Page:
Hope • David Williams

Summary

If we look, we can see missing hope in all kinds of places. Some parents lack hope because their child struggles with chronic illness, some families don’t even know if they can buy groceries next week, and some don’t even have a home. Throughout his career, David Williams has become an expert in giving people hope, and he’ll share what he’s learned so that all of us can be better at building hope in others and ourselves.

About Our Guest

David Williams has served as the Executive Director of the Houston Food Bank, COO of Habitat for Humanity, CEO of the national Make-A-Wish Foundation, and CEO of GenesisWorks. He currently works as CEO for Shelters to Shutters, a national organization addressing homelessness through the real estate industry.

Useful Links

A minute with David Williams: David Williams discusses what it takes to deliver inspiration to families with children faced with illness.

What Melts Your Butter is David Williams TEDx Talk about Hope.

GenesysWorks: GenesysWorks provides pathways to career success for high school students in underserved communities through skills training, meaningful work experiences, and impactful relationships. Our program consists of 8 weeks of technical and professional skills training, a paid year-long corporate internship, college and career coaching, and alumni support to and through college. 

Batkid Make-A-Wish: It all began with a new superhero who rallied the entire world as he confronted evildoers in San Francisco. Today Batkid is a symbol of everything that is right and good with the world.

Houston Food Bank: Founded in 1982, the Houston Food Bank is a certified member of Feeding America, the nation’s food bank network, with a four-star rating from Charity Navigator. We distribute fresh produce, meat and nonperishables and prepare nutritious hot meals for kids in our state-of-the-art Keegan Kitchen.

National Make-A-Wish: An Interview With Make-A-Wish President &CEO David Williams.

Shelters to Shutters: We seek to change the trajectory of those experiencing homelessness in our country by providing two critical components- housing and employment.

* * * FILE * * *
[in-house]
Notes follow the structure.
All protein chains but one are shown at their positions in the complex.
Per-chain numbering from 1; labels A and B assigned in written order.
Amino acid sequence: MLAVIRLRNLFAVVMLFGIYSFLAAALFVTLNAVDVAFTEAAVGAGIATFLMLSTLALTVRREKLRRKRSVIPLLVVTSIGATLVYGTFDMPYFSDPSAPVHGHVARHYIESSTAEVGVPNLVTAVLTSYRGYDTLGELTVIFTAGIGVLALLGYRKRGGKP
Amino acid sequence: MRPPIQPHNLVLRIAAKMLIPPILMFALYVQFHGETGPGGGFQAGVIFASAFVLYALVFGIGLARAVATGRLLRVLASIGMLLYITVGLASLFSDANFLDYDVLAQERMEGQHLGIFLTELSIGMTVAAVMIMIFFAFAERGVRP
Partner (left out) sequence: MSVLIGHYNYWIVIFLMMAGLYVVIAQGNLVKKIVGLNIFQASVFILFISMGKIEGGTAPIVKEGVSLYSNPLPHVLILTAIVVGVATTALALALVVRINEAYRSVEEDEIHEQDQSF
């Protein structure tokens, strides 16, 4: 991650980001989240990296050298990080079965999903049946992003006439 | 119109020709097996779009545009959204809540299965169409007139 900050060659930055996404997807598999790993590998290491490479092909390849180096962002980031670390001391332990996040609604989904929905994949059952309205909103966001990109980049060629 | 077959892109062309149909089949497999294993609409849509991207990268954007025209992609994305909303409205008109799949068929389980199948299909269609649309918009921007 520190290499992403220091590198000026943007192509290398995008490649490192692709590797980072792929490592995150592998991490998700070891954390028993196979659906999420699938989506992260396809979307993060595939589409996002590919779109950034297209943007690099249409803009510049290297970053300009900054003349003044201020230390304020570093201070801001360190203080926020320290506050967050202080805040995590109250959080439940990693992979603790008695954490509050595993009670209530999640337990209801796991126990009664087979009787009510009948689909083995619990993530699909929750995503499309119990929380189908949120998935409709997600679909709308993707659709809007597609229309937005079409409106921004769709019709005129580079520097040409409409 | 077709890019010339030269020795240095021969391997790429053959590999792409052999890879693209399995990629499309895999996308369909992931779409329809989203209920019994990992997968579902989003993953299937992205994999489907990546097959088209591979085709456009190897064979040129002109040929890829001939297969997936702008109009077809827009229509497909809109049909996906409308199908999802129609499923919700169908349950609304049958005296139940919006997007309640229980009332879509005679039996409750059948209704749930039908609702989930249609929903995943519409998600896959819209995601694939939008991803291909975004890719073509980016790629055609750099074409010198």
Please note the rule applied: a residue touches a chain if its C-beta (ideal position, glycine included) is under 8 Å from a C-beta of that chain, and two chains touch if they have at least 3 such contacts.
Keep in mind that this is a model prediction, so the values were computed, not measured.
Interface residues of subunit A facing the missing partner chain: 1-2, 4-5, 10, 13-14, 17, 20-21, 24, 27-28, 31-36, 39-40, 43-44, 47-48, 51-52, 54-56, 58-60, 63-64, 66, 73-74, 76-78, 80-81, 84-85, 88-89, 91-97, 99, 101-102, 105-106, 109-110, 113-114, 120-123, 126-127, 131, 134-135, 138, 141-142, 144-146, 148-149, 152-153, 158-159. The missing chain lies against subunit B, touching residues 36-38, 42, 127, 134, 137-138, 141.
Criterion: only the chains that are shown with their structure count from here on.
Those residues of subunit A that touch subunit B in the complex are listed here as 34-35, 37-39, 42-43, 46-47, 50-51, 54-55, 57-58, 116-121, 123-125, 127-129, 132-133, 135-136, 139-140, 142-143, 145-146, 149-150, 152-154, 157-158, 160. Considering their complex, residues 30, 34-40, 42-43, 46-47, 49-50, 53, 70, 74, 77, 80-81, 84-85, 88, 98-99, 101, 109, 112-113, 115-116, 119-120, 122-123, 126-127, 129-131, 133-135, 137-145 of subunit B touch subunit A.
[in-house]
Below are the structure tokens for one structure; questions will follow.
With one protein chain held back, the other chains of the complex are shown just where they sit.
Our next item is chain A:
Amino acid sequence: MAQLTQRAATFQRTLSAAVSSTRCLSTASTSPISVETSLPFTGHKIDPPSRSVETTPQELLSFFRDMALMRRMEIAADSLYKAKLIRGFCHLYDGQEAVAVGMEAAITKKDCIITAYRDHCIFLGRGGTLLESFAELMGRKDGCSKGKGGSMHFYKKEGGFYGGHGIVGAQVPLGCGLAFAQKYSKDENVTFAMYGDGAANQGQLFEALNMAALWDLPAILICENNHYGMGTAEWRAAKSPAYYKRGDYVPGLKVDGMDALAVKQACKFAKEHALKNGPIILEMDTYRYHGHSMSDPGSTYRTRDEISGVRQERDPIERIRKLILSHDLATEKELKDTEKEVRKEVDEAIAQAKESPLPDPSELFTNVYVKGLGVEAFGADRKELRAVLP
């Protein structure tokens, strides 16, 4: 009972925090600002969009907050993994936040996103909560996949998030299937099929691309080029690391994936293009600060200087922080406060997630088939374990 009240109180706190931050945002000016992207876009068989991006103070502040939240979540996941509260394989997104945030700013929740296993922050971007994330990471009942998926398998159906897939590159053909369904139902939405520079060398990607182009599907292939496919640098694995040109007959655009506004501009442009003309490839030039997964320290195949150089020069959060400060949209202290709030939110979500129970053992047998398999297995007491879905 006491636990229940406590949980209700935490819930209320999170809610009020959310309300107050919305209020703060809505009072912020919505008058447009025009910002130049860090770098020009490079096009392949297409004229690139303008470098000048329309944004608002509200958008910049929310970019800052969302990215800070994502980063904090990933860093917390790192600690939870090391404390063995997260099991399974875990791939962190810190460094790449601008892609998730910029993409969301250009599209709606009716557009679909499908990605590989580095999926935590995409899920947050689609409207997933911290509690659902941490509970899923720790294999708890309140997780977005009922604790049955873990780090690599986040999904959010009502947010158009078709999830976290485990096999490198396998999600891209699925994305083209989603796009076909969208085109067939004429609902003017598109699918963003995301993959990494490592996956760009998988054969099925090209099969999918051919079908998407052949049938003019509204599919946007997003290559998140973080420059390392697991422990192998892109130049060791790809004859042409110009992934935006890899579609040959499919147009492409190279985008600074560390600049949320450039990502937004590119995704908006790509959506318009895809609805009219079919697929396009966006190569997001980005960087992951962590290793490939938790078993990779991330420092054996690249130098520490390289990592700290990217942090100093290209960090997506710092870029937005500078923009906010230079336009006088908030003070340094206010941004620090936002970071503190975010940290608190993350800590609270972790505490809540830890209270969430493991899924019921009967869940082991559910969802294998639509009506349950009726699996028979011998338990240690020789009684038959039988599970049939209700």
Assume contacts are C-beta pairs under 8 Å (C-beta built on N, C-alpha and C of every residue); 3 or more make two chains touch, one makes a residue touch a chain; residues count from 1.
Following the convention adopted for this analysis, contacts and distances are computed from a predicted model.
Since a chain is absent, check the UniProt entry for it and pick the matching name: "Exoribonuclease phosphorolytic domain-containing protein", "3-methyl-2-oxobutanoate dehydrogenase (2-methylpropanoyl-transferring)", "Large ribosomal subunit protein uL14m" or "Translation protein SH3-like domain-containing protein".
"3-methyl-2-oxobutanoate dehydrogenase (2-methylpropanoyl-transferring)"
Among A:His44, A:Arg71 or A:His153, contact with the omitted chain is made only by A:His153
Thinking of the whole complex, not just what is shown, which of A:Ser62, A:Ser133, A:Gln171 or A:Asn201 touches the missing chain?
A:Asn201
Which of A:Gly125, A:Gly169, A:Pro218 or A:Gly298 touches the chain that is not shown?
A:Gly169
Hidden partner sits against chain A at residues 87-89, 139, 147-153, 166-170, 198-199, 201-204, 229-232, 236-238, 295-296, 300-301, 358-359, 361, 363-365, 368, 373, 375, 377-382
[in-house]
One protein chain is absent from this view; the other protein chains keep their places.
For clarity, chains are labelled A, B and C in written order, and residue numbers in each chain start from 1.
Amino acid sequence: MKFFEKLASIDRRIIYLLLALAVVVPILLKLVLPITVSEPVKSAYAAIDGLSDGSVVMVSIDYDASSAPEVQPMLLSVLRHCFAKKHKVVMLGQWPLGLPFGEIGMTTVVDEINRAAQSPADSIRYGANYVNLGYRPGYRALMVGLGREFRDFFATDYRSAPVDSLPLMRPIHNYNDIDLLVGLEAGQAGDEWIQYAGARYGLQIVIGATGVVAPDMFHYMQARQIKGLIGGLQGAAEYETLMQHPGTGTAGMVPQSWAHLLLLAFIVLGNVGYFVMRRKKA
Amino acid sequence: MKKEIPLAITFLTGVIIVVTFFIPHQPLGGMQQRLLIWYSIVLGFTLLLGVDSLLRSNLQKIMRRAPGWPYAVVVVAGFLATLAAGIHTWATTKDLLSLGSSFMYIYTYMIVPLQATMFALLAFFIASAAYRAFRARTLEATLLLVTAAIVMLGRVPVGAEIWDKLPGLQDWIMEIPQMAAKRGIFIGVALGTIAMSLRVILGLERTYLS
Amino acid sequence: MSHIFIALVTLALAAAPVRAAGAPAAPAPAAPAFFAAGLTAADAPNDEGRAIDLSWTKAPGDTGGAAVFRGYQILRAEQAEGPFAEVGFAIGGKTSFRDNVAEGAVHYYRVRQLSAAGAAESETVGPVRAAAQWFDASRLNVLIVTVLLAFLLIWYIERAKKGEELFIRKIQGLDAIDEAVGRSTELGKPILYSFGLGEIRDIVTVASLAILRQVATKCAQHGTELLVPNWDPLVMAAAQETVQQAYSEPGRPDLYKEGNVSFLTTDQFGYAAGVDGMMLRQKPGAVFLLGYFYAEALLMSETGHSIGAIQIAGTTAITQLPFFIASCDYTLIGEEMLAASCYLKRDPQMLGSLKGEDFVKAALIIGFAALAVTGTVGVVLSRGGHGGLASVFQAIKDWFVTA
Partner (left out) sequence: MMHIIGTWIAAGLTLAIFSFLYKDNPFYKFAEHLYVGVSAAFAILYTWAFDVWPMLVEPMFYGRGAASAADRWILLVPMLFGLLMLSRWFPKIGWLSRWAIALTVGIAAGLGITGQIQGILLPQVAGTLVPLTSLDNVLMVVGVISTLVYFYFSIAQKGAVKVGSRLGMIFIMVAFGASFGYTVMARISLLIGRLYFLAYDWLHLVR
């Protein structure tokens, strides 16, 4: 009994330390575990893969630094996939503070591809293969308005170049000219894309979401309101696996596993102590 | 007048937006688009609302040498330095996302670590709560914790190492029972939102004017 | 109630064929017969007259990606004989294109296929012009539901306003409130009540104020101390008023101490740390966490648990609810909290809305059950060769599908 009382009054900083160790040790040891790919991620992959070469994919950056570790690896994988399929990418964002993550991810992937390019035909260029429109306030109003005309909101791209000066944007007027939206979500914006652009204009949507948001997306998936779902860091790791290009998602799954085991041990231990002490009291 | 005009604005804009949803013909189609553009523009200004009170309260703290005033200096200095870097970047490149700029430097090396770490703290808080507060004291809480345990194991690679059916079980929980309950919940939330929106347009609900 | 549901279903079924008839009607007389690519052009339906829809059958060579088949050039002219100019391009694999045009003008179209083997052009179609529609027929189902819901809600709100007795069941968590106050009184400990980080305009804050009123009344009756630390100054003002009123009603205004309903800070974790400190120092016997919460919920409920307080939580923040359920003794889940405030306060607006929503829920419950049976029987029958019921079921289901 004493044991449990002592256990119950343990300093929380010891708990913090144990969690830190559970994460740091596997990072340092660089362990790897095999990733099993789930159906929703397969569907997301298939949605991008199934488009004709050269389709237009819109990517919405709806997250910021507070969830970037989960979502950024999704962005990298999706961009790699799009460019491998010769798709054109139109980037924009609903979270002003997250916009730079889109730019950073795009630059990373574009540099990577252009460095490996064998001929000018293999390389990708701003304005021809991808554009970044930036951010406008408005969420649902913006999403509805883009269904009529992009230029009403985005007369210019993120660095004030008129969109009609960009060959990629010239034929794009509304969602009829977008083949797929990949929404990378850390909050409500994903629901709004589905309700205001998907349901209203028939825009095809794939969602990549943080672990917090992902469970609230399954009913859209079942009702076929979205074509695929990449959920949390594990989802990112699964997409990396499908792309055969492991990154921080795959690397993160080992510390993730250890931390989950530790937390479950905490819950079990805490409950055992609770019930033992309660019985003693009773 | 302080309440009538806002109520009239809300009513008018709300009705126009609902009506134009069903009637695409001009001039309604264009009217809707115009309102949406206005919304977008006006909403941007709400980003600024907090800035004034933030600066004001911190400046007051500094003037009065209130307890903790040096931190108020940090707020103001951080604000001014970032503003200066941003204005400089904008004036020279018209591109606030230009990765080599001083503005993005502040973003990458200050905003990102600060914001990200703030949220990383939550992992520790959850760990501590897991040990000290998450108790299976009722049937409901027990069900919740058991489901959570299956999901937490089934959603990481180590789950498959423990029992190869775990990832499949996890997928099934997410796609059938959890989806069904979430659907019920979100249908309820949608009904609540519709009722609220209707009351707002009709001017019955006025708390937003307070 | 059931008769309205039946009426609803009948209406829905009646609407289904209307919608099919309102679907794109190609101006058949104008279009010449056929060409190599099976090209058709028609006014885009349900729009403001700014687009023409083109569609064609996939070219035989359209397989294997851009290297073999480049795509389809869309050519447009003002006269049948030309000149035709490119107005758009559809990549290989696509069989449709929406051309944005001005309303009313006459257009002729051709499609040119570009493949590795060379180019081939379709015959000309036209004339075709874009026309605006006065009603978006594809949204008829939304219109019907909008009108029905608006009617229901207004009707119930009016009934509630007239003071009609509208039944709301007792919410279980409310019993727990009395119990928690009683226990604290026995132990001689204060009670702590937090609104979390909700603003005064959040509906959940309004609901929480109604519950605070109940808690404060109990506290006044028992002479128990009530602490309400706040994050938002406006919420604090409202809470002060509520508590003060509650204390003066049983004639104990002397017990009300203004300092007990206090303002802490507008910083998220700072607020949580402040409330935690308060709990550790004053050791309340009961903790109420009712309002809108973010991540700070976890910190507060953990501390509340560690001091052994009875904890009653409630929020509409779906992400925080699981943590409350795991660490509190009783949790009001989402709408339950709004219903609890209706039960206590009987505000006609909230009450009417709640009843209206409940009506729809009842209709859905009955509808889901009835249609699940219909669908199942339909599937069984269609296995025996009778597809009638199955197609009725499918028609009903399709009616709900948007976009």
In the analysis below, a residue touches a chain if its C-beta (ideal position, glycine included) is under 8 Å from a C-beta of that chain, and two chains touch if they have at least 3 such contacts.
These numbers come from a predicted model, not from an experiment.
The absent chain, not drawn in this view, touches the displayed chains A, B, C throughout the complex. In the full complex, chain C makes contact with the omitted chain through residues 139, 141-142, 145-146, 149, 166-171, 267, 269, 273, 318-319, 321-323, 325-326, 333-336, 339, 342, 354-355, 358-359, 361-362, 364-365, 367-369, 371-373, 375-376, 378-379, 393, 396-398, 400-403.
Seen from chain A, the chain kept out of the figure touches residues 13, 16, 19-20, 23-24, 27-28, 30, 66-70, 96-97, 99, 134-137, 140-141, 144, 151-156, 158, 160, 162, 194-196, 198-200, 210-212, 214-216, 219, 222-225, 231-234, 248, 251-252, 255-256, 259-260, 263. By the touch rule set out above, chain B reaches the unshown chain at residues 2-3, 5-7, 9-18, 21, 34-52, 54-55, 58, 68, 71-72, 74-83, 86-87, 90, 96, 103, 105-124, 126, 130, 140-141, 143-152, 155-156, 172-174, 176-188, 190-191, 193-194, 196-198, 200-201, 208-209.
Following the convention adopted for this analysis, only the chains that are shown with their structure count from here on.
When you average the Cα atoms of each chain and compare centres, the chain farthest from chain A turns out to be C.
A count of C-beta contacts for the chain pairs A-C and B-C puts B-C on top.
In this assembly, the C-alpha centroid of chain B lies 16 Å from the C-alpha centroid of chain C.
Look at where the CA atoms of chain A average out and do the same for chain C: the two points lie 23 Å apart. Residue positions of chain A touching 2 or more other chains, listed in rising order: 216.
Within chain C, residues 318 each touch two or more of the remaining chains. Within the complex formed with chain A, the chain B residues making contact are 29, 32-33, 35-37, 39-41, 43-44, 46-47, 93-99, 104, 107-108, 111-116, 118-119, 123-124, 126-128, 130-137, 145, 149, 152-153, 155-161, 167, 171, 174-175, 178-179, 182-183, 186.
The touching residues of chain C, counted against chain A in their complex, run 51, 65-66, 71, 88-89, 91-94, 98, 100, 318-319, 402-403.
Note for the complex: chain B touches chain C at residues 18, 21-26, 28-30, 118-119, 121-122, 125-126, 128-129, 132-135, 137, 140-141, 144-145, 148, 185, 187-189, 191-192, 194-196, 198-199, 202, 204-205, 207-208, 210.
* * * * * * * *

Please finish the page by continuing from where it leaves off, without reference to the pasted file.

Charles Snyder developed a psychological framework for hope, using ideas like pathways-thinking and agency-thinking.

About Merit Leadership

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Transcript
David:

We live in a high rise apartment, a little kind of Western suburbs.

David:

We live on the widest stretch of freeway.

David:

In the country.

David:

So it's interstate 10, which goes Jacksonville to, uh, to Los Angeles.

David:

So it's a stretch, a freeway in the world, total of 26 lanes.

Aaron:

Oh my gosh.

David:

When I get on that thing, I feel like I'm getting on a NASCAR

David:

track because you're in Texas, everybody's driving a pickup truck.

David:

People who drive pickup trucks.

David:

I think it's cause they sit up a little bit, you know, man it's so

David:

aggressive and it just feels like I'm taking my life in my hands.

David:

Every time I get on that freeway.

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Hi, I'm Aaron Miller and this is how to help a podcast

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about having a life and career of meaning, virtue, and impact.

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This is season one, episode, three, Hope.

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How to Help, is sponsored by Merit Leadership, home of The

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Business Ethics Field Guide.

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I teach at a university where every year over 30,000 students show up to

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work their way towards a college degree.

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It's a really funny time of life for them.

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Most of them couldn't even tell you where they're going to be

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living just a year from now.

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It involves an incredible amount of uncertainty.

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Their futures hanging in the balance while they sit through lectures, grind

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through homework, apply for job after job and all while paying tuition for

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the privilege of doing all of this.

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So why do they do it?

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Well it's because they believe it will lead them to a future that they

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want, a job they enjoy, and something that provides a good living to.